Background: This study investigated if the allele effect of a given single nucleotide polymorphism (SNP) for crossbred performance in pigs estimated in a genomic prediction model differs depending on its breed-of-origin, and how these are related to estimated effects for purebred performance. Results: SNP-allele substitution effects were estimated for a commonly used SNP panel using a genomic best linear unbiased prediction model with breed-specific partial relationship matrices. Estimated breeding values for purebred and crossbred performance were converted to SNP-allele effects by breed-of-origin. Differences between purebred and crossbred, and between breeds-of-origin were evaluated by comparing percentage of variance explained by genomic regions for back fat thickness (BF), average daily gain (ADG), and residual feed intake (RFI). From ten regions explaining most additive genetic variance for crossbred performance, 1 to 5 regions also appeared in the top ten for purebred performance. The proportion of genetic variance explained by a genomic region and the estimated effect of a haplotype in such a region were different depending upon the breed-of-origin. To illustrate underlying mechanisms, we evaluated the estimated effects across breeds-of-origin for haplotypes associated to the melanocortin 4 receptor (MC4R) gene, and for the MC4Rsnp itself which is a missense mutation with a known effect on BF and ADG. Although estimated allele substitution effects of the MC4Rsnp mutation were very similar across breeds, explained genetic variance of haplotypes associated to the MC4R gene using a SNP panel that does not include the mutation, was considerably lower in one of the breeds where the allele frequency of the mutation was the lowest. Conclusions: Similar regions explaining similar additive genetic variance were observed across purebred and crossbred performance. Moreover, there was some overlap across breeds-of-origin between regions that explained relatively large proportions of genetic variance for crossbred performance; albeit that the actual proportion of variance deviated across breeds-of-origin. Results based on a missense mutation in MC4R confirmed that even if a causal locus has similar effects across breeds-of-origin, estimated effects and explained variance in its region using a commonly used SNP panel can strongly depend on the allele frequency of the underlying causal mutation.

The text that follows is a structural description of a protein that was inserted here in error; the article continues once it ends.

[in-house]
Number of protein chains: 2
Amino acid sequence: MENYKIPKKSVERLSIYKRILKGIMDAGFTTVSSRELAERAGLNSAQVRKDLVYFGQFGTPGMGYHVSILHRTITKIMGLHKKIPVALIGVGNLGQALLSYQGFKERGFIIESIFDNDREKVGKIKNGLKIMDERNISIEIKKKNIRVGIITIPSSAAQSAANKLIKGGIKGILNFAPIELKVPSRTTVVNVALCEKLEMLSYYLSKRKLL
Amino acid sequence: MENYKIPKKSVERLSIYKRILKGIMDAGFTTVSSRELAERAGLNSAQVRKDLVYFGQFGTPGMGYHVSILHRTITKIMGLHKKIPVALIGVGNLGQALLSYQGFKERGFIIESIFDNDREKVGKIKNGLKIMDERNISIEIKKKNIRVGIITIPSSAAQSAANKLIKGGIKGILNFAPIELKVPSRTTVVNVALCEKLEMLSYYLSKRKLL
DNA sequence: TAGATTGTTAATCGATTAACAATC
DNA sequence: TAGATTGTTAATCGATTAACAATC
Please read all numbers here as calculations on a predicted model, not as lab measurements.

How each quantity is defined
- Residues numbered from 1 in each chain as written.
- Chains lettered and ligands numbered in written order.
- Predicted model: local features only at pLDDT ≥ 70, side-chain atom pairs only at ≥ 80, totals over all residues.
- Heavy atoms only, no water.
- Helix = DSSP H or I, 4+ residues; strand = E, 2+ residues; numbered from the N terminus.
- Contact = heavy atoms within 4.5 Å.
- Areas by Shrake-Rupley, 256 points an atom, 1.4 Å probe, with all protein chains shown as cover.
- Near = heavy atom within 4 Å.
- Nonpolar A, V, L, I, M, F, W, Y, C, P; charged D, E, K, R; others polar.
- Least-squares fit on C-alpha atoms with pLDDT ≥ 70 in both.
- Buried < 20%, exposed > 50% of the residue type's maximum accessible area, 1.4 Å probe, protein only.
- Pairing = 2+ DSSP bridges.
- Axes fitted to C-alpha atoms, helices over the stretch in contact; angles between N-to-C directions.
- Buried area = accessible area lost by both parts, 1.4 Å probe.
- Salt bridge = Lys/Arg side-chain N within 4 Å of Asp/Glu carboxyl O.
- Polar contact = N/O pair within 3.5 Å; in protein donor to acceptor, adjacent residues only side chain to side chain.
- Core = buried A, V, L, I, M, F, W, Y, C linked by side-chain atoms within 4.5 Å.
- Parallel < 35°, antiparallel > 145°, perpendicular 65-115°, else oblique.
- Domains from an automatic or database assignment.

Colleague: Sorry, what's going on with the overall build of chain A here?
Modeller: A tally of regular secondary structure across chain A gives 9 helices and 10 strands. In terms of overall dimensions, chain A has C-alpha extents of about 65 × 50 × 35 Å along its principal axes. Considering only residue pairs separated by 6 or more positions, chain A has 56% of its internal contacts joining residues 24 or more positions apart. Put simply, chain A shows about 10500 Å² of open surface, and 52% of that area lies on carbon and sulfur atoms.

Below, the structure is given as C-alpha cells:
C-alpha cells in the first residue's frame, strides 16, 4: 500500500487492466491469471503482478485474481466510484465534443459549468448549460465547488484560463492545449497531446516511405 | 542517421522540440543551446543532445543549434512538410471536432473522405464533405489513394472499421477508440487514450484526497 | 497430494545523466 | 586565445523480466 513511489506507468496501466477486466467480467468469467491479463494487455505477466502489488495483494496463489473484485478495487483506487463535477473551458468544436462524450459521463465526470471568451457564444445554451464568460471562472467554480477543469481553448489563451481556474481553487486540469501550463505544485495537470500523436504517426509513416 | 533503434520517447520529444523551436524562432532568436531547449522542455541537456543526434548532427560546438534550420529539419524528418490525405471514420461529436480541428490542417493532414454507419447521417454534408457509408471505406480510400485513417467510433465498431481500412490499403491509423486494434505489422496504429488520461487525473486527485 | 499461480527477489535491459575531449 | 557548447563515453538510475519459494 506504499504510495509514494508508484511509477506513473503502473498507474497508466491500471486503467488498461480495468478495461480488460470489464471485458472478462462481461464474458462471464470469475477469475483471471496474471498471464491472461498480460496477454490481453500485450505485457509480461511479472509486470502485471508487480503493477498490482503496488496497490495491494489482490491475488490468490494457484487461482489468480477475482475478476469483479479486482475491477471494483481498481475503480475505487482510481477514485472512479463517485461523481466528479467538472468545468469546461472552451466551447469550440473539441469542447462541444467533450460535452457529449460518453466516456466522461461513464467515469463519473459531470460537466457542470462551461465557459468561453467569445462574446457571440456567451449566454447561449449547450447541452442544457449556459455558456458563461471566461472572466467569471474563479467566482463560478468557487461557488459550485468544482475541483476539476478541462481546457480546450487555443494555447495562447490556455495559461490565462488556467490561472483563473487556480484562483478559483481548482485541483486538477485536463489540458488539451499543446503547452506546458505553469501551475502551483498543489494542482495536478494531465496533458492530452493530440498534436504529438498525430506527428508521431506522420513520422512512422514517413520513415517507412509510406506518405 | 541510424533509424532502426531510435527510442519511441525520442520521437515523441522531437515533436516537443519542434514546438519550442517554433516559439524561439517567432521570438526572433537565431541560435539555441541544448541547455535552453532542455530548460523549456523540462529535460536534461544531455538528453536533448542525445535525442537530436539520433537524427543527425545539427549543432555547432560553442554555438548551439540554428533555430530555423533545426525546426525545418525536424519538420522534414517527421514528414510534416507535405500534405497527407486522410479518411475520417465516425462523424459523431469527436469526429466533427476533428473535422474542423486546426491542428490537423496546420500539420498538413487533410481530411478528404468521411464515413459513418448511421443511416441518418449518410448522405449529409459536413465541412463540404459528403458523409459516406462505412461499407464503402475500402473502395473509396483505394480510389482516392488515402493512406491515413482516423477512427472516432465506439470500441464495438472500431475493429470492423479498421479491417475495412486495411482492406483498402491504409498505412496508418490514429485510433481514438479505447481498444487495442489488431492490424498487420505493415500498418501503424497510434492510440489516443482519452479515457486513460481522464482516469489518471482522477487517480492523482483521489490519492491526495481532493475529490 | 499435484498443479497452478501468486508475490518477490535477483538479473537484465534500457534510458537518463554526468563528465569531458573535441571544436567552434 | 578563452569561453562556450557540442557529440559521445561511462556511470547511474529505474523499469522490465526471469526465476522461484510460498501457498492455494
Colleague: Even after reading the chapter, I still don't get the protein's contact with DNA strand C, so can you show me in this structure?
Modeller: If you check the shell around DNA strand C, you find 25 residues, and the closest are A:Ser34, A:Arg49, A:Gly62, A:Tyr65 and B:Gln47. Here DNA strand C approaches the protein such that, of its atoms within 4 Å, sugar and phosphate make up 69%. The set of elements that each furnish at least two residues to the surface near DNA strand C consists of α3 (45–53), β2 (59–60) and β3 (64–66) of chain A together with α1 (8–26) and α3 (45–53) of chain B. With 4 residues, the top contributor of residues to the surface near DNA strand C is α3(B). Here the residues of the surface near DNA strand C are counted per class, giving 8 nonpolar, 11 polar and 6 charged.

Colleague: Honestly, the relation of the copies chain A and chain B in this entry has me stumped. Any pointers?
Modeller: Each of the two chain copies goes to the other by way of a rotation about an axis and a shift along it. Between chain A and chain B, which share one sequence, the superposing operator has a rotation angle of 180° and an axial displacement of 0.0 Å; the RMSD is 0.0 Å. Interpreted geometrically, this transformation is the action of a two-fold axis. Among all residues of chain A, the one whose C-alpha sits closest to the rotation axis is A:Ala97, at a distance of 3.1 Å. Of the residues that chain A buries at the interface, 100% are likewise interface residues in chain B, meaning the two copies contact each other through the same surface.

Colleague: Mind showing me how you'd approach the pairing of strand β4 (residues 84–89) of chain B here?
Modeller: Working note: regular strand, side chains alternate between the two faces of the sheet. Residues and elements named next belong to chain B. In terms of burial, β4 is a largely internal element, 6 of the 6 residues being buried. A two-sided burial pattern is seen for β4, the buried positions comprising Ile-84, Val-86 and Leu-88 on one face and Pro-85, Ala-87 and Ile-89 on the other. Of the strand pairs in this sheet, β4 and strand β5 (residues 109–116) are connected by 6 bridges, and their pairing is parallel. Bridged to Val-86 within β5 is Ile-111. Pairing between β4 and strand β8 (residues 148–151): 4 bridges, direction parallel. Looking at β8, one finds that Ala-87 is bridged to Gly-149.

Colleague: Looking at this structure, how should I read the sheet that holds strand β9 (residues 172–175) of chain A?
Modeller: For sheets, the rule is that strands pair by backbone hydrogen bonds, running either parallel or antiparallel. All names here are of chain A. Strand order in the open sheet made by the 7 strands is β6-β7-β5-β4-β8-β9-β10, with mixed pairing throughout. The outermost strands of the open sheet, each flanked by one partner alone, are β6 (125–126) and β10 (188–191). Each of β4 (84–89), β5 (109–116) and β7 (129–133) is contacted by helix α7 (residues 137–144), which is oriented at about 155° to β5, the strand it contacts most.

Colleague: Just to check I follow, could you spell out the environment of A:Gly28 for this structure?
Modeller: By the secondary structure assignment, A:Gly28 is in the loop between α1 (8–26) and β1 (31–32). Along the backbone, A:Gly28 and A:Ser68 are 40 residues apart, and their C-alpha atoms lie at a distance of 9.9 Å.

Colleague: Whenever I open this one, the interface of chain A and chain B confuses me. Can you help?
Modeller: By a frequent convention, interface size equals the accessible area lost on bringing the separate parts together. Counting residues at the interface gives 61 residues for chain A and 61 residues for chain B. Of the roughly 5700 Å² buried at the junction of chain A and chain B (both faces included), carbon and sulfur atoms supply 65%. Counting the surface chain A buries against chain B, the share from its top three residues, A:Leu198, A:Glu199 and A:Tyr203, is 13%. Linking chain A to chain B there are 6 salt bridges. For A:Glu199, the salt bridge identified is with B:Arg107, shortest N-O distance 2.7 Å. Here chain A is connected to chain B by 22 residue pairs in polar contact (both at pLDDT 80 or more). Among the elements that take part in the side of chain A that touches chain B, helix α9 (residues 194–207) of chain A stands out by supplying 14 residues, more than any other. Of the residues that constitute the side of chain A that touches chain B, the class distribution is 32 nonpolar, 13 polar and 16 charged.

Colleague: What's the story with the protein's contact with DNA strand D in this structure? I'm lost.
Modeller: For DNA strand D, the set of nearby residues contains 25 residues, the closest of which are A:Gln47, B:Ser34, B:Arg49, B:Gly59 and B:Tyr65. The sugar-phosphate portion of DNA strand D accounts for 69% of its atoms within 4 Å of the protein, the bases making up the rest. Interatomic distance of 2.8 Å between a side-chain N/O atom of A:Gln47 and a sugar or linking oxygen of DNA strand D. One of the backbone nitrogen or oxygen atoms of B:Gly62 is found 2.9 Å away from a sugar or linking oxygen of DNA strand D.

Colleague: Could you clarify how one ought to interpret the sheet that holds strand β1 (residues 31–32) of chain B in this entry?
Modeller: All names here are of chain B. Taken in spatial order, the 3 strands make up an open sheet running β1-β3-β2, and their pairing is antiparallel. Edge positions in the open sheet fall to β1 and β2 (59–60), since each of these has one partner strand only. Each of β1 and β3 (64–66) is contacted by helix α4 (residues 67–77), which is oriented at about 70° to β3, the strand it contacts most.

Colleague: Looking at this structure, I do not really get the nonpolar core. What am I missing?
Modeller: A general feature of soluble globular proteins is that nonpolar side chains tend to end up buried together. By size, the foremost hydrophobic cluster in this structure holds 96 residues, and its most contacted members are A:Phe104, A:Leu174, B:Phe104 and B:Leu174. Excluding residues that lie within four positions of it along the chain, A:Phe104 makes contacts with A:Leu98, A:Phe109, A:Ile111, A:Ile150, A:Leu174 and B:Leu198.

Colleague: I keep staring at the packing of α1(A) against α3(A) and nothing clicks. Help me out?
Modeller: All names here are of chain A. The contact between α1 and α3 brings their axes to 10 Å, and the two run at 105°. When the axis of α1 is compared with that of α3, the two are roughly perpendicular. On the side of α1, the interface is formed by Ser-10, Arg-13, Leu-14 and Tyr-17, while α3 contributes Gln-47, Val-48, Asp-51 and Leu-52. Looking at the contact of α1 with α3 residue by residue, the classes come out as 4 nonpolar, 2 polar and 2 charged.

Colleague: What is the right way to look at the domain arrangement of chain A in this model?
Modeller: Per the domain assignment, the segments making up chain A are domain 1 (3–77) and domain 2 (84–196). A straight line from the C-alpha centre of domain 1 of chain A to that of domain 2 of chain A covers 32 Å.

Interval from last insemination to culling : I: The genetic background in crossbred sows
Grevenhof, E.M. van; Knol, E.F. ; Heuven, H.C.M. - \ 2015
Livestock Science 181 (2015). - ISSN 1871-1413 - p. 103 - 107.
Crossbred - Culling reason - Heritability - Interval last insemination to culling - Longevity - Sows

Improving longevity of sows is hampered by the lack of accurate and early recording of factors that contribute to reduced longevity. Besides, phenotypic data of parity number at culling or culling reason are potentially collected in purebred individuals, while these animals are not able to show full potential of their longevity due to EBVs, which makes the culling to take place earlier. In contrast to crossbred animals, of which usually very little information is collected, as phenotypes are expensive and difficult to obtain. Longevity is influenced by several culling reasons of which fertility and leg weakness are known to be the most important, although culling reason is unknown or unreliably recorded in crossbreds. To distinguish different reasons for (in)voluntary culling, interval from last insemination to culling (IL2C) might be able to function as an indicator, which could potentially enable us to breed for sow able to fulfil a complete production cycle. The aim is to quantify and understand the mechanism of parity number at culling by analysing the IL2C, in relation to parity number at culling. The results show that IL2C is a heritable trait that can be used in selection, in addition to parity number at culling. Parity number at culling and IL2C are not significantly correlated, which shows the potential to take both traits into account in breeding. By combining improvement of IL2C with improved longevity, economics and welfare of crossbred sows will even further be increased.